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Masters 2024

Masters 2024: Why an angry Nicolai Hojgaard could be trouble for weekend contenders

April 12, 2024

Nicolai Hojgaard hits his drive on 18 in the second round.

Warren Little

AUGUSTA, Ga. — He wasn’t happy. That was clear and, perhaps, fair enough. The conclusion to Nicolai Hojgaard’s second round in his first Masters hadn’t gone well. “Decent” drives on Augusta National’s last two holes eventually bequeathed a brace of sloppy bogey 5s, dropped shots that left the Dane on four under par for the 36 holes played. Not too shabby. But ultimately disappointing nonetheless, at least for the man himself.

“I would love to play 17 and 18 again,” he shrugged after adding a second round of 73 to his opening 67. “I hate shooting over par, especially when you end up making a couple of mistakes in the end. Still, the game feels pretty good in general. I’m just very disappointed in how I made some silly mistakes on the last couple holes.”

Ah, but there is more to Hojgaard’s obvious discontent than his initial frustration. Lurking just under the surface is a warning too. To others that is. As his record of achievement over the last four years indicates clearly, this is a player with the potential to win at the very highest level. He knows that to be true, and it would be surprising to hear those around him on the leaderboard at this 88th Masters are not well aware, too.

And why not? Over the course of what is now five-year professional career, the older of the identical Hojgaard twins (Rasmus is but a few minutes younger) has already ticked many boxes. A maiden victory on the DP World Tour came along in 2021. Another followed in 2022. And the third, the season-sending 2023 DP World Tour Championship, came not much more than a month after Nicolai made his Ryder Cup debut in Europe’s winning cause.

None of which has come as any surprise to just about anyone who has followed the 23-year old’s steady progress in golf. A member of the Danish side (alongside his brother) that claimed the World Amateur Team Championship in 2018, Nicolai won the European Amateur Championship that same year and ascended to no. 1 in the World Amateur rankings. He turned professional with big expectations.

“In life and in your career, you sometimes stumble across people who are a bit different,” said former Ryder Cup captain Thomas Bjorn, whose three runner-up finishes represent the closest anyone has come to breaking Denmark’s duck in major championships. “The twins fall into that category, both of them. But it is Nicolai who puts more demands on himself. They both do, but he more than Rasmus and sometimes too much. He is sometimes a bit extreme in wanting to achieve.”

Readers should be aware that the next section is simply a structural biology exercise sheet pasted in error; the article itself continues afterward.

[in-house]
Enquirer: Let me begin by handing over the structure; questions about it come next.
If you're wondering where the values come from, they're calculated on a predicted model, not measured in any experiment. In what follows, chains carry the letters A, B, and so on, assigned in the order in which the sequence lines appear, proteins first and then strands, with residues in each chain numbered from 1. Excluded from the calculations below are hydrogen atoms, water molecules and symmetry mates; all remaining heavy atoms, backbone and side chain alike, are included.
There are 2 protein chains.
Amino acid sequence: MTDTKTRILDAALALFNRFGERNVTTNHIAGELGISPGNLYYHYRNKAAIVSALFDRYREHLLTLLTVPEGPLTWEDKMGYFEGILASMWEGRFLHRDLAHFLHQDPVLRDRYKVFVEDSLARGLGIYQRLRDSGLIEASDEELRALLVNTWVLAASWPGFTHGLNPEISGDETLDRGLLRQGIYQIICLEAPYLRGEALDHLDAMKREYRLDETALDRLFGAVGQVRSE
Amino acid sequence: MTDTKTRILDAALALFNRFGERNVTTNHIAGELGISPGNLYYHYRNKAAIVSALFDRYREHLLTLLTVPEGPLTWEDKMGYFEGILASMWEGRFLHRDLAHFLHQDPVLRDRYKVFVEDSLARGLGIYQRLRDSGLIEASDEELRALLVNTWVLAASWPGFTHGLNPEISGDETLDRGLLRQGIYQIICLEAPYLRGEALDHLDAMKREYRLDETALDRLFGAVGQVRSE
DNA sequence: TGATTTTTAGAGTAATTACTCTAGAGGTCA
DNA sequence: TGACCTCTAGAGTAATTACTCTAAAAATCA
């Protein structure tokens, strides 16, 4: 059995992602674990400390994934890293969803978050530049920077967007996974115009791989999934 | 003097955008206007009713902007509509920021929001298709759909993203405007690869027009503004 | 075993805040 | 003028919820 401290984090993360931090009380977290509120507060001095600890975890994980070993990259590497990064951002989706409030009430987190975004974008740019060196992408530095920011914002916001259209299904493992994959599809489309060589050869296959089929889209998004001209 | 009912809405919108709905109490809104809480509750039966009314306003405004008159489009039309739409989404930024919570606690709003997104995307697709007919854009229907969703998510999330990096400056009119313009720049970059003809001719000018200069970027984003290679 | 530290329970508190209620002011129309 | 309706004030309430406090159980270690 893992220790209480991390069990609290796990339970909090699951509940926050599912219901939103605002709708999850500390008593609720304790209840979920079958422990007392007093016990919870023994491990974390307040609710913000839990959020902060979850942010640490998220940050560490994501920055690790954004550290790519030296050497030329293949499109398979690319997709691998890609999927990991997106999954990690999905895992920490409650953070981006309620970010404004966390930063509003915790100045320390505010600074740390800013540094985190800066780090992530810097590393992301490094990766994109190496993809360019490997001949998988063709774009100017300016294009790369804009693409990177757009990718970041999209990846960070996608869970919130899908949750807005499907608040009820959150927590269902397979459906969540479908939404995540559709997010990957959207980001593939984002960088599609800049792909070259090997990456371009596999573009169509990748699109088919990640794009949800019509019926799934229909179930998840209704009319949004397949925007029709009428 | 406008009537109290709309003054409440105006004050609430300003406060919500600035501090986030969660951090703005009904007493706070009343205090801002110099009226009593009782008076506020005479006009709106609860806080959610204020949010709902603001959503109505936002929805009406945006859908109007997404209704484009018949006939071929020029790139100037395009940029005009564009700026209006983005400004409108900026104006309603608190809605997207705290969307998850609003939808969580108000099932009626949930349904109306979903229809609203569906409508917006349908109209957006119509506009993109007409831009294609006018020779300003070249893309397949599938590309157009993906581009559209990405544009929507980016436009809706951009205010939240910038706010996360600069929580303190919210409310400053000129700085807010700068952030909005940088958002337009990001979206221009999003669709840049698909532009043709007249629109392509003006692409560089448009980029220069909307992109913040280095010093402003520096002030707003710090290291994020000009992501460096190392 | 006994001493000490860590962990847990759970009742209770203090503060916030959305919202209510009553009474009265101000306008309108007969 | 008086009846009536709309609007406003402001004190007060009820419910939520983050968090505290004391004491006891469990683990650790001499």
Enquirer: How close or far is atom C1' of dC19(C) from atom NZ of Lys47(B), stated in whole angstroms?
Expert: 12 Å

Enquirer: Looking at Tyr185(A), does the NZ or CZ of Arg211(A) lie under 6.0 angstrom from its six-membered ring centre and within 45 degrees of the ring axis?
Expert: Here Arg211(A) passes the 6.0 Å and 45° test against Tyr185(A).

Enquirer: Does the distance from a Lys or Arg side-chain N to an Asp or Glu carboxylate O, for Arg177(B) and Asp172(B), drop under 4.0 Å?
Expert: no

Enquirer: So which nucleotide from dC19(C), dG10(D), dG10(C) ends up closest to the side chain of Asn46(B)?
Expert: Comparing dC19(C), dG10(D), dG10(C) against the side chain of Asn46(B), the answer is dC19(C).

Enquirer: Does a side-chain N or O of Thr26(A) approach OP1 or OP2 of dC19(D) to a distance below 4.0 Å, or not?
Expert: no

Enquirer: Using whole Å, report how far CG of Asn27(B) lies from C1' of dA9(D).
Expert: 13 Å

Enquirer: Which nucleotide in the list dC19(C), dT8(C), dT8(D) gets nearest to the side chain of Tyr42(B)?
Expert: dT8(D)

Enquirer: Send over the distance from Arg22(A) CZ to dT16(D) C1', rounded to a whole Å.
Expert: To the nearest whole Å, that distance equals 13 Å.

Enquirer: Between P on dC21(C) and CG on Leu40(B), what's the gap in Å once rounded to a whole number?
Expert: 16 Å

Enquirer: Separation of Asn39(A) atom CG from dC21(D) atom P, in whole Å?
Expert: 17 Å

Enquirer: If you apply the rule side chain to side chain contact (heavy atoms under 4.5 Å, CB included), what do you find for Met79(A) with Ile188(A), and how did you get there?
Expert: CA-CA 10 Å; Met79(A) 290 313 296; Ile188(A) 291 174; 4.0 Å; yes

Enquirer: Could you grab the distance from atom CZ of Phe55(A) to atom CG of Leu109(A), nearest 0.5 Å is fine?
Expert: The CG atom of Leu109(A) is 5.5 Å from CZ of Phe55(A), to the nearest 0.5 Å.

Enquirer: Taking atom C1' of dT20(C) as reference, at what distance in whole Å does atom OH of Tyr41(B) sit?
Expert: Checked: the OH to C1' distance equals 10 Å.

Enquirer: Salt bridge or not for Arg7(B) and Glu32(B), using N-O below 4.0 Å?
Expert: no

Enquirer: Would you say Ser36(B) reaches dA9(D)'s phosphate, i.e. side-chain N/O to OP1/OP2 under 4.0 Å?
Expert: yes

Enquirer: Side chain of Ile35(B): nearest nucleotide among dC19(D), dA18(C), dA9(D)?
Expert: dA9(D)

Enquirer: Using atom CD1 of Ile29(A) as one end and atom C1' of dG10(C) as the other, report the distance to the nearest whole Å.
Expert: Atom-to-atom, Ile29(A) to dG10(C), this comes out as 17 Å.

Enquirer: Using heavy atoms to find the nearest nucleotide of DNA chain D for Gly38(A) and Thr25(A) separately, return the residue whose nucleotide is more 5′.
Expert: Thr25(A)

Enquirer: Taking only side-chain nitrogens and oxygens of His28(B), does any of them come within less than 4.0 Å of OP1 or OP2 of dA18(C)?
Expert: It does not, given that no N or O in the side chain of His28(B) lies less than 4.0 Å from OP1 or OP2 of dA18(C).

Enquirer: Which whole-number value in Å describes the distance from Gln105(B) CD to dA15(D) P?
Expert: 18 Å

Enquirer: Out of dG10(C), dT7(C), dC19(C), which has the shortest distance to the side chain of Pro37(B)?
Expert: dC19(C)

That is nothing new, of course.


Nicolai (left) and Rasmus Hojgaard hold the Eisenhower Trophy after the 2018 World Amateur Team Golf Championships.

Matt Browne

“I took the twins to the Danish age-group championships when they were 12,” their father, Ole, a one-handicapper, has said. “It was a two-day event. I think Nicolai was playing off 15 [index] and went round in five over par. He was leading by two from Rasmus. On the way home, they were sitting in the back seats, saying nothing. Halfway home, I told them we needed to have a talk. I told them only one of them could win. And maybe neither of them would win. But we have a chance that one of you will. I asked them to promise that, whatever happened, they would each support the other.

“One day later, they were in the leading group. And Rasmus won by one stroke from Nicolai. Nicolai four-putted the 18th green. I’m not sure he has forgotten that yet.”

He hasn’t.

“The first time we played in the age-group championships in Denmark, I four-putted the 18th green to lose by one to Rasmus,” confirmed Nicolai with what only loosely resembles a smile. “The car journey home was a bit tense.”

The next two days promise to be just that, especially if Hojgaard performs to anything like his best. And yes, the key might just be controlling his emotions when it matters most. He does, after all, have all the shots. That is not in question, as his total of 11 birdies so far this week amply illustrates.

“It comes down to situations and how you show your anger,” he said. “Showing too much is only going to encourage the other guy. I know when I see that in an opponent I think, ‘I’ve got him.’ So, to show emotion only tells the guy you want to beat that you are struggling. So I work on walking forward with my head high after I hit a bad one. I’m not going to show weakness. I’m not perfect, but I have a temper and sometimes that gets the best of me.

“I always think of Tiger when he won the 2019 Masters. He hit some weak shots, but never showed any emotion. And when he got his chance, he was there. He never gave anyone any extra motivation. He was so cool.”

All easier said than done, of course. But if all goes to plan, Denmark might just be on its way to a maiden major win, consigning that long ago four-putt to the dustbin of history.